A study looking at MMR protein staining of IPMNs directly showed presence of staining of MLH1 and MSH2 in 100% of samples. The conclusion from this study was that MMR does not play a significant role in the pathogenesis of IPMNs. However, this study analyzed random pathology samples and not specifically samples from patients with Lynch syndrome. 7 The pancreatic resection specimen of the patient described here showed a loss of expression of the MSH2 protein, as well as a high level of MSI, which strongly suggest the presence of an underlying MSH2 gene mutation as the cause of her pancreatic cells undergoing malignant change. Because mutations in the MSH2 gene are known to cause Lynch syndrome, evidence of an MSH2 gene mutation in this patient’s pancreatic specimen suggests that IPMN be considered part of the spectrum of cancers found in Lynch syndrome families.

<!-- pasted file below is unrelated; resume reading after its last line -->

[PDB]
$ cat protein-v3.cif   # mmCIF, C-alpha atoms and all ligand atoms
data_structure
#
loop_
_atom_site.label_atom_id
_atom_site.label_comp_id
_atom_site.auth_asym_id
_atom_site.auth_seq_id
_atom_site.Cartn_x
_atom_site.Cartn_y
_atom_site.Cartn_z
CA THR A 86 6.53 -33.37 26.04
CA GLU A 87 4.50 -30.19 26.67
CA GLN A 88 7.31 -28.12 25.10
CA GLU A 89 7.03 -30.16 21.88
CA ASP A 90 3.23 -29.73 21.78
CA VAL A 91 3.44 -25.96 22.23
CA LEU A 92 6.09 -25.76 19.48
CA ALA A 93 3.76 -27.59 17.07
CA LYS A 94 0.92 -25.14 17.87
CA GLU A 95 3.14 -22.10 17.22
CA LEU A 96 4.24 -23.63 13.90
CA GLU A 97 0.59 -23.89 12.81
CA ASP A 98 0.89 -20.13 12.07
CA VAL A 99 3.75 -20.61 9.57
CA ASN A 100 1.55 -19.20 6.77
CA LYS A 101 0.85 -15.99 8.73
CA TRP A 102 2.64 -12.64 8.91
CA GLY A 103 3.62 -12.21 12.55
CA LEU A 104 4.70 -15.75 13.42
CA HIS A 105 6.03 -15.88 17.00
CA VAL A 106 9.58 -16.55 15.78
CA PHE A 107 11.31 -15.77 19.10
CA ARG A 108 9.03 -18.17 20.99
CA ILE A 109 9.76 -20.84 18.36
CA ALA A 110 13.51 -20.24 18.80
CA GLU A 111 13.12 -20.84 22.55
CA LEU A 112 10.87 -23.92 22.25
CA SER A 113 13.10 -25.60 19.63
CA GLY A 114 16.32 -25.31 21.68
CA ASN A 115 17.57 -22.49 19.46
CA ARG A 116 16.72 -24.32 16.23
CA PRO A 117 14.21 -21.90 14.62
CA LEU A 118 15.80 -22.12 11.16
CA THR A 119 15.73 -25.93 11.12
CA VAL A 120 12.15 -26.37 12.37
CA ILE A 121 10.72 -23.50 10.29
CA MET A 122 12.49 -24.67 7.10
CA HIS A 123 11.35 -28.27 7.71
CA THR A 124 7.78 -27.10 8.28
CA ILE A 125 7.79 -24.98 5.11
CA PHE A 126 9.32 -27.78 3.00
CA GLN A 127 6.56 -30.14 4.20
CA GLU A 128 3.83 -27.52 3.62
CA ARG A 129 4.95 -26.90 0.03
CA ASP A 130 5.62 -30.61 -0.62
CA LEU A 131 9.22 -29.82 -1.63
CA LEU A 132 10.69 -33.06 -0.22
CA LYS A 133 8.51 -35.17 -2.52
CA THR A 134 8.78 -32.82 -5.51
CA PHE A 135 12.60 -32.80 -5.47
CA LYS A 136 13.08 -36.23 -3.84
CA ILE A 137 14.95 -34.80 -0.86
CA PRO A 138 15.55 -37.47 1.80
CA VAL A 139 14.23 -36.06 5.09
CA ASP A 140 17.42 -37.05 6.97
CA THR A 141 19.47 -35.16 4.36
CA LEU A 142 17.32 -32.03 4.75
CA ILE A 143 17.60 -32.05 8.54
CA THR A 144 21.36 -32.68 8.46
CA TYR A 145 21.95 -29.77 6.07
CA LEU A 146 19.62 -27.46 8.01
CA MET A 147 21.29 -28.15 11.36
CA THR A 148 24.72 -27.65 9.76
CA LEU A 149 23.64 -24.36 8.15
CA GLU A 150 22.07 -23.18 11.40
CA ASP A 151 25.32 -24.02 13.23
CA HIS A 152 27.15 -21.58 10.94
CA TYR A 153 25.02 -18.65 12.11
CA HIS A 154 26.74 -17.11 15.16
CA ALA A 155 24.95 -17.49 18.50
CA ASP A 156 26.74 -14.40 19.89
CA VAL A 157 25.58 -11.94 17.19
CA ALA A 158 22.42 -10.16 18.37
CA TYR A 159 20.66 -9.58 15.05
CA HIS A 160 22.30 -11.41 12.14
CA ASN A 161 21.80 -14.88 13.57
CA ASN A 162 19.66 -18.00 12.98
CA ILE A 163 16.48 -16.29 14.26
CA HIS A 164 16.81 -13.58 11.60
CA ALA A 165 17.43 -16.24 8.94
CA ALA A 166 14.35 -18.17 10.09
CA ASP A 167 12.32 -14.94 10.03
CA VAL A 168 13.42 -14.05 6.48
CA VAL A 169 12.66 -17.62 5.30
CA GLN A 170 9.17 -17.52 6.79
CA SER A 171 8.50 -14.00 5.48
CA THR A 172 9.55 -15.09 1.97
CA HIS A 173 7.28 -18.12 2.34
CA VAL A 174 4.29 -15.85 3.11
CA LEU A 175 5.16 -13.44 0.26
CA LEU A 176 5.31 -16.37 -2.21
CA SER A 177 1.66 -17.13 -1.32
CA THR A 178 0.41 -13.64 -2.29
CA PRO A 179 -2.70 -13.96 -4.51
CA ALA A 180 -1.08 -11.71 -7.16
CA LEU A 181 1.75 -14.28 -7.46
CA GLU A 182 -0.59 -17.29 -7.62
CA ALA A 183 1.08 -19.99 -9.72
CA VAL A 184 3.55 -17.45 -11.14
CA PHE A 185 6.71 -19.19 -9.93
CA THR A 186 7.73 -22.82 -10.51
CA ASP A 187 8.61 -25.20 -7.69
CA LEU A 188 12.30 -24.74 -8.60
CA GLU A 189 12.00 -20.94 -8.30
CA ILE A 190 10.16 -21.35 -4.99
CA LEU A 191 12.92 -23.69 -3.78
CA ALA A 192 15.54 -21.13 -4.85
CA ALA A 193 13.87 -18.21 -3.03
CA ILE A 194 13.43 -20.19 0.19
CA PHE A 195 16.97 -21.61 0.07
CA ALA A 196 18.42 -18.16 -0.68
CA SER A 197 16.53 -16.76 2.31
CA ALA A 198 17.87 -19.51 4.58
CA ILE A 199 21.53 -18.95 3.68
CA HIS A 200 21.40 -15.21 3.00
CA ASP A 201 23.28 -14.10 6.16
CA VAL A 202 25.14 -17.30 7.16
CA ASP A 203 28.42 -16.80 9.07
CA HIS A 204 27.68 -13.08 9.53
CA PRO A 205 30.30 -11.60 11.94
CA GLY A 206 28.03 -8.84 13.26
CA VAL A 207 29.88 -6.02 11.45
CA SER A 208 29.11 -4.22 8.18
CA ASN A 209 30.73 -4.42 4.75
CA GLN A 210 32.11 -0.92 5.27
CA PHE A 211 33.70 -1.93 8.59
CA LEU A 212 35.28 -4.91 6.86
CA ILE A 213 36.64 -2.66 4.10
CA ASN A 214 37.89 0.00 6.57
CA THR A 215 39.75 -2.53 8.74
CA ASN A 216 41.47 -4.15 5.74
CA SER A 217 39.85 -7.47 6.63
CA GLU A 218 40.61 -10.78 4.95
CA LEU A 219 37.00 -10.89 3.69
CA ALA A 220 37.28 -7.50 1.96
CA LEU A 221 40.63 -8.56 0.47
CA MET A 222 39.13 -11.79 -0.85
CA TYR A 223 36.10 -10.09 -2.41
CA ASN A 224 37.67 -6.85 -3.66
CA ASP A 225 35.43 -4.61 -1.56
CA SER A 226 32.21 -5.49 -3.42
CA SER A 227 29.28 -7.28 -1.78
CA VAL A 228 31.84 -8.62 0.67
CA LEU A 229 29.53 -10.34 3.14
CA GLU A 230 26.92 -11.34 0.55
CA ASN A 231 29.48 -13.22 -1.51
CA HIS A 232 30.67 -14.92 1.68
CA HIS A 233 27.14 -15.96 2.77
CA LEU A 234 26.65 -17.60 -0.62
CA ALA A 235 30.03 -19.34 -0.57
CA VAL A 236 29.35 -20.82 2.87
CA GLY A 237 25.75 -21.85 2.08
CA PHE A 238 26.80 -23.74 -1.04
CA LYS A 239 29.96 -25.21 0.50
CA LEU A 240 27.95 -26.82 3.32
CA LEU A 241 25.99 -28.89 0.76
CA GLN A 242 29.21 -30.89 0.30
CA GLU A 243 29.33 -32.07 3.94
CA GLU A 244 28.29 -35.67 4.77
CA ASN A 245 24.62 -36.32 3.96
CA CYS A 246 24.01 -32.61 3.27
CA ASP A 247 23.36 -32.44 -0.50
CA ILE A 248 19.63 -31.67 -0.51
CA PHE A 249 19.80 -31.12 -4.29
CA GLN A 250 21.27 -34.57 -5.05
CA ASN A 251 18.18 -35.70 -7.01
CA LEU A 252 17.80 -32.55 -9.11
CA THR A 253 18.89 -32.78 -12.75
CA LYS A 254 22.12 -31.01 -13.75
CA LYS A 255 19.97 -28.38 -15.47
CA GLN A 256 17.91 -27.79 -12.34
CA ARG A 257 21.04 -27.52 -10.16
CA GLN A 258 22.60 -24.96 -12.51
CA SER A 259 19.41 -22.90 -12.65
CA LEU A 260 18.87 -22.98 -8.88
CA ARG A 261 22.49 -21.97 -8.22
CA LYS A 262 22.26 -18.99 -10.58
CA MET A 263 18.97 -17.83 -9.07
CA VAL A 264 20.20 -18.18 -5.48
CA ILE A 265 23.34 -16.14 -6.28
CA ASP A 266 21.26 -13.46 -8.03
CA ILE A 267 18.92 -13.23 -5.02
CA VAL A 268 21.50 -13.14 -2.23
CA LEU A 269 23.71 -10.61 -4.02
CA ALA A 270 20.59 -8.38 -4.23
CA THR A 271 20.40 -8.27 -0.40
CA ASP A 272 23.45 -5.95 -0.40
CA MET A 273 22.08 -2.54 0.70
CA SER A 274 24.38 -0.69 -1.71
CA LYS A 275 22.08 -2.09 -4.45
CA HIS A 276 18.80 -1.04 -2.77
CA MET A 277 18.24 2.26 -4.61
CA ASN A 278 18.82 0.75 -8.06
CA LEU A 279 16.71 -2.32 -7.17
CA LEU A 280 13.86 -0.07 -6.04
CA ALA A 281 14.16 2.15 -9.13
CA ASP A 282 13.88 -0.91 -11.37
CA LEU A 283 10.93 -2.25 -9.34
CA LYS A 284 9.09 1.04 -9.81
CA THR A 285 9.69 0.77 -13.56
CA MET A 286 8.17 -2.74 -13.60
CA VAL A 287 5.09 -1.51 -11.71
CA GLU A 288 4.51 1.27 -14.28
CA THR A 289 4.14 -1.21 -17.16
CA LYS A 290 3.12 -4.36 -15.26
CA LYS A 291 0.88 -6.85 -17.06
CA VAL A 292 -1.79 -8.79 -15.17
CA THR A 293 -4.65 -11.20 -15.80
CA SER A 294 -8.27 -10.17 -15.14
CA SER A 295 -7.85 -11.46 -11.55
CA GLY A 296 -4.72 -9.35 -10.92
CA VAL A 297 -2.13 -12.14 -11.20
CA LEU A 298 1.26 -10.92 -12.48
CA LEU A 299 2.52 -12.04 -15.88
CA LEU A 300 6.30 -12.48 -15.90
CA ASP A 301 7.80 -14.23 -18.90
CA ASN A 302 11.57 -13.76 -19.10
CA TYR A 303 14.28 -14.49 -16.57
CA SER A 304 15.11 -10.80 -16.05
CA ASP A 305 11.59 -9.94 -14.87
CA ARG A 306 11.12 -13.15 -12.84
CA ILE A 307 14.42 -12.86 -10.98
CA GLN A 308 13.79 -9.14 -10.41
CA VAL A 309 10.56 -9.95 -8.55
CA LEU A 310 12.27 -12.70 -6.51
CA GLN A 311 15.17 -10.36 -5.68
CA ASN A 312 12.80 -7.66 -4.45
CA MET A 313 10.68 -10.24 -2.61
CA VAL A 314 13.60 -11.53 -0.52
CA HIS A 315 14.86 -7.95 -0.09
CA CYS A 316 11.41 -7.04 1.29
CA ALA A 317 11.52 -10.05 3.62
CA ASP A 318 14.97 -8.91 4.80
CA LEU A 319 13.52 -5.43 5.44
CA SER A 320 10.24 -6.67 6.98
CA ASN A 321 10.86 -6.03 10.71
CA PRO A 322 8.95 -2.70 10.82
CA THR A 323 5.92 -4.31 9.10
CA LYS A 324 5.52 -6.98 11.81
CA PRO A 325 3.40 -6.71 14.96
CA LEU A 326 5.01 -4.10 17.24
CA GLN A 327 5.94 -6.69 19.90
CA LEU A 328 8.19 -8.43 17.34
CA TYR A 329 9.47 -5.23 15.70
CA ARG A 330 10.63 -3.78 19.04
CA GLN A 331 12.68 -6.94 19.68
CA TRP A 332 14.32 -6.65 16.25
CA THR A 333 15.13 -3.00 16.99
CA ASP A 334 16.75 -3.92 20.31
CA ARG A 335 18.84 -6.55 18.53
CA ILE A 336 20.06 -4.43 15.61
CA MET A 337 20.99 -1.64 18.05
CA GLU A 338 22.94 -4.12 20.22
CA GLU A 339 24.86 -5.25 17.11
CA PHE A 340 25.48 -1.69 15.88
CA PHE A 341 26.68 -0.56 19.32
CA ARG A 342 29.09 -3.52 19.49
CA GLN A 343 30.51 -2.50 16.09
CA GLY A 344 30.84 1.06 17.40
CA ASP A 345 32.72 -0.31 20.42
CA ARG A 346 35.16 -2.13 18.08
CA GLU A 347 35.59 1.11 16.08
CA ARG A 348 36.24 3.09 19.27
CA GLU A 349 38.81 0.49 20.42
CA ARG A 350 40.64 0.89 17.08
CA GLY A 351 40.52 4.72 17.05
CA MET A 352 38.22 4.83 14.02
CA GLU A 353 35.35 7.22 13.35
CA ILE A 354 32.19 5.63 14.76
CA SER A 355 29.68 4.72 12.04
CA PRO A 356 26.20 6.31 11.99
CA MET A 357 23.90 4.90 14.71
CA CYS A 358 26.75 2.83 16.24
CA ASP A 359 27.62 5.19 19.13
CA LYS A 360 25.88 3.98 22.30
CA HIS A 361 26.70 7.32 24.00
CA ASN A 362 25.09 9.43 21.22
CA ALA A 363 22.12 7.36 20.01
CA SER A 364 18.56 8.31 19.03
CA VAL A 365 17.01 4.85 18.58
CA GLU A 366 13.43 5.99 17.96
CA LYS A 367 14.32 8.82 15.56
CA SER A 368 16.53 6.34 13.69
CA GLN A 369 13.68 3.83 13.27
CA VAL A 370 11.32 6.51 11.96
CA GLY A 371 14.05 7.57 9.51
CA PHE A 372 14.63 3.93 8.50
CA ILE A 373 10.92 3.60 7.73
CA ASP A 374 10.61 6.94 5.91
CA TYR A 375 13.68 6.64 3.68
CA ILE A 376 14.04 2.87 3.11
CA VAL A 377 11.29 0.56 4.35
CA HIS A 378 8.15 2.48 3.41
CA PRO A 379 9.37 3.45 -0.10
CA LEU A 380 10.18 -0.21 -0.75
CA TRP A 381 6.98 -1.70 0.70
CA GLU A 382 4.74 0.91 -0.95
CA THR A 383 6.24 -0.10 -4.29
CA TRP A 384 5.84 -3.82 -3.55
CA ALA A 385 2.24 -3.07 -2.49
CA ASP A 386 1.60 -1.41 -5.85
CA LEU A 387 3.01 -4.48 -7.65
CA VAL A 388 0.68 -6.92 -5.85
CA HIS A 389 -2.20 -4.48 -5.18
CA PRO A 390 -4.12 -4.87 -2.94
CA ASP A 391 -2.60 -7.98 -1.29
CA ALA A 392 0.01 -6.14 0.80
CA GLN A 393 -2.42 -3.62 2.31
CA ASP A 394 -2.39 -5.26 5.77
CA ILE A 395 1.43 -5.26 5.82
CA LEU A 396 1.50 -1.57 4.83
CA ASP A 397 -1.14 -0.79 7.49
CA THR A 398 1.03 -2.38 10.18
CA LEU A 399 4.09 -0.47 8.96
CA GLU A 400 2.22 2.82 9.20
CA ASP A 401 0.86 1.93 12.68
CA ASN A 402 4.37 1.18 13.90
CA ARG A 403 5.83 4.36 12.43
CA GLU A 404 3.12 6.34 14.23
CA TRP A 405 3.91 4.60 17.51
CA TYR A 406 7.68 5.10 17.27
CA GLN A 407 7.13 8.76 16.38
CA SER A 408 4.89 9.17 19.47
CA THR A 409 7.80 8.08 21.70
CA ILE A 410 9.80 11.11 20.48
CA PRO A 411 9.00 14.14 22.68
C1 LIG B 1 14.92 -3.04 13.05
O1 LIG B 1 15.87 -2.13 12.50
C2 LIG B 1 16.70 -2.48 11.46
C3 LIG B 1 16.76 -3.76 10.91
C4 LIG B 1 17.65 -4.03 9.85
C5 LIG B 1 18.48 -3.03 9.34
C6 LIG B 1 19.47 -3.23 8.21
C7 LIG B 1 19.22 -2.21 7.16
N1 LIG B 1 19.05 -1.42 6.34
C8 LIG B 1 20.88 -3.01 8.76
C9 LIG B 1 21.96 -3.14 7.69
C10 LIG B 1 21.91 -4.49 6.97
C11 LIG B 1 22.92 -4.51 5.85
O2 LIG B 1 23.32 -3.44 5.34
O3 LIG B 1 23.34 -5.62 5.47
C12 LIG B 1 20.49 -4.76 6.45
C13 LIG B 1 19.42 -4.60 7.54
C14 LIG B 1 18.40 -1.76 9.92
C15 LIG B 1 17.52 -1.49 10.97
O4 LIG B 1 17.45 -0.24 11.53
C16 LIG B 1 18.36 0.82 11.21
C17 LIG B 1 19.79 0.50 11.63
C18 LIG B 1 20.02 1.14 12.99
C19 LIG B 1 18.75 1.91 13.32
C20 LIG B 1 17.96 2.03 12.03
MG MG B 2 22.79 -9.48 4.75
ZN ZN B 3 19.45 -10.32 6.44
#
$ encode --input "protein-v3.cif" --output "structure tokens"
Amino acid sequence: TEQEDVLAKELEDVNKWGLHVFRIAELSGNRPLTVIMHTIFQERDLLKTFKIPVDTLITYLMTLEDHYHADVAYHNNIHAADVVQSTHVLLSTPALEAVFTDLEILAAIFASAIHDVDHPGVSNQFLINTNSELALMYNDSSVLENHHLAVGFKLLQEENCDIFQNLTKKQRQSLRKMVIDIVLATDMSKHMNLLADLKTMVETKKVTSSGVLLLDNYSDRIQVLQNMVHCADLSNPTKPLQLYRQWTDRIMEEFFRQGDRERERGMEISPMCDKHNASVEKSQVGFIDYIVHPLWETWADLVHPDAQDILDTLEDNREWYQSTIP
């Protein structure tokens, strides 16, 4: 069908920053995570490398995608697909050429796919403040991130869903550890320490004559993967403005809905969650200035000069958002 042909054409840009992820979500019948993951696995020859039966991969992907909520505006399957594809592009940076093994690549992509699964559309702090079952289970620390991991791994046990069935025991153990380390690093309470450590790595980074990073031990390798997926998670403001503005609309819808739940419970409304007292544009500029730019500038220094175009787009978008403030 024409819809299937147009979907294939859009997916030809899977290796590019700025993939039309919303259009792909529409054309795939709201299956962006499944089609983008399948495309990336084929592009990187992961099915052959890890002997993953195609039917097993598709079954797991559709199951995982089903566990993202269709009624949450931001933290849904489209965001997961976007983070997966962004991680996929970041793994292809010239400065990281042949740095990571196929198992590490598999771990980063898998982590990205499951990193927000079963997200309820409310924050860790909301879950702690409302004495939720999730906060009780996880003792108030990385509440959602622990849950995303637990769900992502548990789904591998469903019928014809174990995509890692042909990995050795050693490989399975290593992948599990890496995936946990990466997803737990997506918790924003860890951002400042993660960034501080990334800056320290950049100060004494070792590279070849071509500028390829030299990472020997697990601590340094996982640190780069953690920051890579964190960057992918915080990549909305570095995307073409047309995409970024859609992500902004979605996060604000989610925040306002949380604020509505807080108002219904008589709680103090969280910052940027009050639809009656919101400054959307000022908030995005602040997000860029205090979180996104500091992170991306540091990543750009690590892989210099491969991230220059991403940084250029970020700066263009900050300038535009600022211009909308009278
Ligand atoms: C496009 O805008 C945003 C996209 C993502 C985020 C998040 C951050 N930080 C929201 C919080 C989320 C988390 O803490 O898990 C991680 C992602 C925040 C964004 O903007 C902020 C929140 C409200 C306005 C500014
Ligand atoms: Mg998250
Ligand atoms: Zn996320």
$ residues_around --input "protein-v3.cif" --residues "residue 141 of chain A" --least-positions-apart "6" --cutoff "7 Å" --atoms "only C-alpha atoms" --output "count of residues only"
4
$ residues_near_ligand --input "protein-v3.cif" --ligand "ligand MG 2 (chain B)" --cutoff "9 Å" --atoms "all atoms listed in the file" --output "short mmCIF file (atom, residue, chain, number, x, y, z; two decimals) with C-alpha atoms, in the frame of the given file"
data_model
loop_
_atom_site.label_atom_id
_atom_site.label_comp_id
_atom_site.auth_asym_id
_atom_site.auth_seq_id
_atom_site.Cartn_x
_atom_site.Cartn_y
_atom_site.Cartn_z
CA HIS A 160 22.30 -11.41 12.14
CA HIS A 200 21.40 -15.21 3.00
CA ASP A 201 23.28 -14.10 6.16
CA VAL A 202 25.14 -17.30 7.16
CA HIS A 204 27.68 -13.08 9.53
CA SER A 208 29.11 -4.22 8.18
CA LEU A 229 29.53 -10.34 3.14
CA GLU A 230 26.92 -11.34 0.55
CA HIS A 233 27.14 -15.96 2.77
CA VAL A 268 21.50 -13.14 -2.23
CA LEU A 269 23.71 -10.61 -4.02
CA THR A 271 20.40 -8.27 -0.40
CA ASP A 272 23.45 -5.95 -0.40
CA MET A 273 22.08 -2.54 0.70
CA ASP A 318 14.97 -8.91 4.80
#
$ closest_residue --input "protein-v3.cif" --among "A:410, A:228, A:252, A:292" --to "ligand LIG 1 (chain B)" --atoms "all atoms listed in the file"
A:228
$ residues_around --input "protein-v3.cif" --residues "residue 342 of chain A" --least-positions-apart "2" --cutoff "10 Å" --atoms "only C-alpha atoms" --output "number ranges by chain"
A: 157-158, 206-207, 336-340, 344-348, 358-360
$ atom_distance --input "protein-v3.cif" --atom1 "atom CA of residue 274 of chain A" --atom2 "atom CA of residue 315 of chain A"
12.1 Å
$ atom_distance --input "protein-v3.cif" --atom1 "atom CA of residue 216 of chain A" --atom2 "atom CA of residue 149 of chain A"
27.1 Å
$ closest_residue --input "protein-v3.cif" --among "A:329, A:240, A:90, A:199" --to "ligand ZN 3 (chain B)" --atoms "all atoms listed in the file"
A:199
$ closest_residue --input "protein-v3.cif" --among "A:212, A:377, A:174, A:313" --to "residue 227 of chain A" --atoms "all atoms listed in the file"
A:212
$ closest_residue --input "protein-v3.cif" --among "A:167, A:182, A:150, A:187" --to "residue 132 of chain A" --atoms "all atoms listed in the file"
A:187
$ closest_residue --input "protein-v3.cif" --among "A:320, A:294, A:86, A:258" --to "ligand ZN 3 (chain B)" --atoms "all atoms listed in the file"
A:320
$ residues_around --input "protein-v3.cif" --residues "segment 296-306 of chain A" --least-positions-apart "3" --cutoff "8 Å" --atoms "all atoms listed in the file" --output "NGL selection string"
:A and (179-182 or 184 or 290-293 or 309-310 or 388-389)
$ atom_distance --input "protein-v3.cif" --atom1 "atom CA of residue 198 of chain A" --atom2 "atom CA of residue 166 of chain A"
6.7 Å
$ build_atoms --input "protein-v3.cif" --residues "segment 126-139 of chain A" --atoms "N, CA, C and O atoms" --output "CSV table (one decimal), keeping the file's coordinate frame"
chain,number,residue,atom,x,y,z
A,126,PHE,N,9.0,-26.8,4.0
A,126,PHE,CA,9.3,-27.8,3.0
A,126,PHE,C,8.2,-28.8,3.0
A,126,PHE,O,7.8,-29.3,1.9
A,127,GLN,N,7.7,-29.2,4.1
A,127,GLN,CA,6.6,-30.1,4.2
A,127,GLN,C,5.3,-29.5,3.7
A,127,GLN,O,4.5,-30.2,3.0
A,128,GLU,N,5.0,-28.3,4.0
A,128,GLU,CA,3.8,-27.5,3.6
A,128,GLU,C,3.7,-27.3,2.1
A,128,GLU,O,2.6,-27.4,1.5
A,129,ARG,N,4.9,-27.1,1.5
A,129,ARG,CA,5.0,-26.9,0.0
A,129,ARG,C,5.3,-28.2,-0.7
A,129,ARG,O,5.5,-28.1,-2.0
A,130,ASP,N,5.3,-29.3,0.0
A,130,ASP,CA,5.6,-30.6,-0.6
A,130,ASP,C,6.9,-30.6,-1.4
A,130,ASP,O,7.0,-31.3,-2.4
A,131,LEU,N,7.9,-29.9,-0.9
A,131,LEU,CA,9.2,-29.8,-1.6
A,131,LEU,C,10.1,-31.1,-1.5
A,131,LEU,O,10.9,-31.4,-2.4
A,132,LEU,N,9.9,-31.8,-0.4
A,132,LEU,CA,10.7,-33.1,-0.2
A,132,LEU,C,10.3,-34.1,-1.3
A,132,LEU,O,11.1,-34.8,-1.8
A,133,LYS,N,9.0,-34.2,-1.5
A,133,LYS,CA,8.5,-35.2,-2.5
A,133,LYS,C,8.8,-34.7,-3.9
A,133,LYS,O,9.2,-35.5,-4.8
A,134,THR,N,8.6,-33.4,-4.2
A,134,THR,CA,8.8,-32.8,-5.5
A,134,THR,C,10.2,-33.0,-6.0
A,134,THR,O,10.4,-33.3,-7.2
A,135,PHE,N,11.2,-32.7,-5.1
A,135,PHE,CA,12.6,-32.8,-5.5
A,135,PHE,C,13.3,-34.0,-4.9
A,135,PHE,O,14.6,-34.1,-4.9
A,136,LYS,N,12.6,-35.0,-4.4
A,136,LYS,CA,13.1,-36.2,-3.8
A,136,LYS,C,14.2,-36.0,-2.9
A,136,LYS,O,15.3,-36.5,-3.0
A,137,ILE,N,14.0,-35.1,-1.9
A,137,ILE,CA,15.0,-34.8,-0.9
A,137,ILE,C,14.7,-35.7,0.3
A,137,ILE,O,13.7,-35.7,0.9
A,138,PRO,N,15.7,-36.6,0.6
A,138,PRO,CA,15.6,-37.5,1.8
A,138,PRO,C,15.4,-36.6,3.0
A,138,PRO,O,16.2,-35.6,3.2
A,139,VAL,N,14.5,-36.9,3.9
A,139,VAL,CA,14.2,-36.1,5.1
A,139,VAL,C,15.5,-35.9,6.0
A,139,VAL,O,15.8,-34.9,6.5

A population-based study estimated the incidence of extrapancreatic neoplasms in patients with IPMN to be 10%.14 Retrospective studies have shown that IPMN is associated with extrapancreatic neoplasms, specifically colorectal adenomas and adenocarcinomas as well as gastric carcinomas.4, 16 This finding suggests that patients with IPMN may have an increased genetic susceptibility for tumor formation. Some have proposed that IPMN be considered a manifestation of attenuated familial adenomatous polyposis, whereas others have suggested it be considered part of the Peutz-Jeghers syndrome cancer spectrum.3, 15 This case report suggests that IPMN may also be part of the extracolonic tumors found in Lynch syndrome. Evidence of a mutation known to cause Lynch syndrome-associated tumors found in both this patient’s germline and pancreatic lesion supports this claim. Furthermore, this is supported by the fact that colorectal adenomas and adenocarcinomas as well as gastric carcinomas, the two most common extrapancreatic neoplasms in individuals with IPMN, are both found with increased frequency in Lynch syndrome families.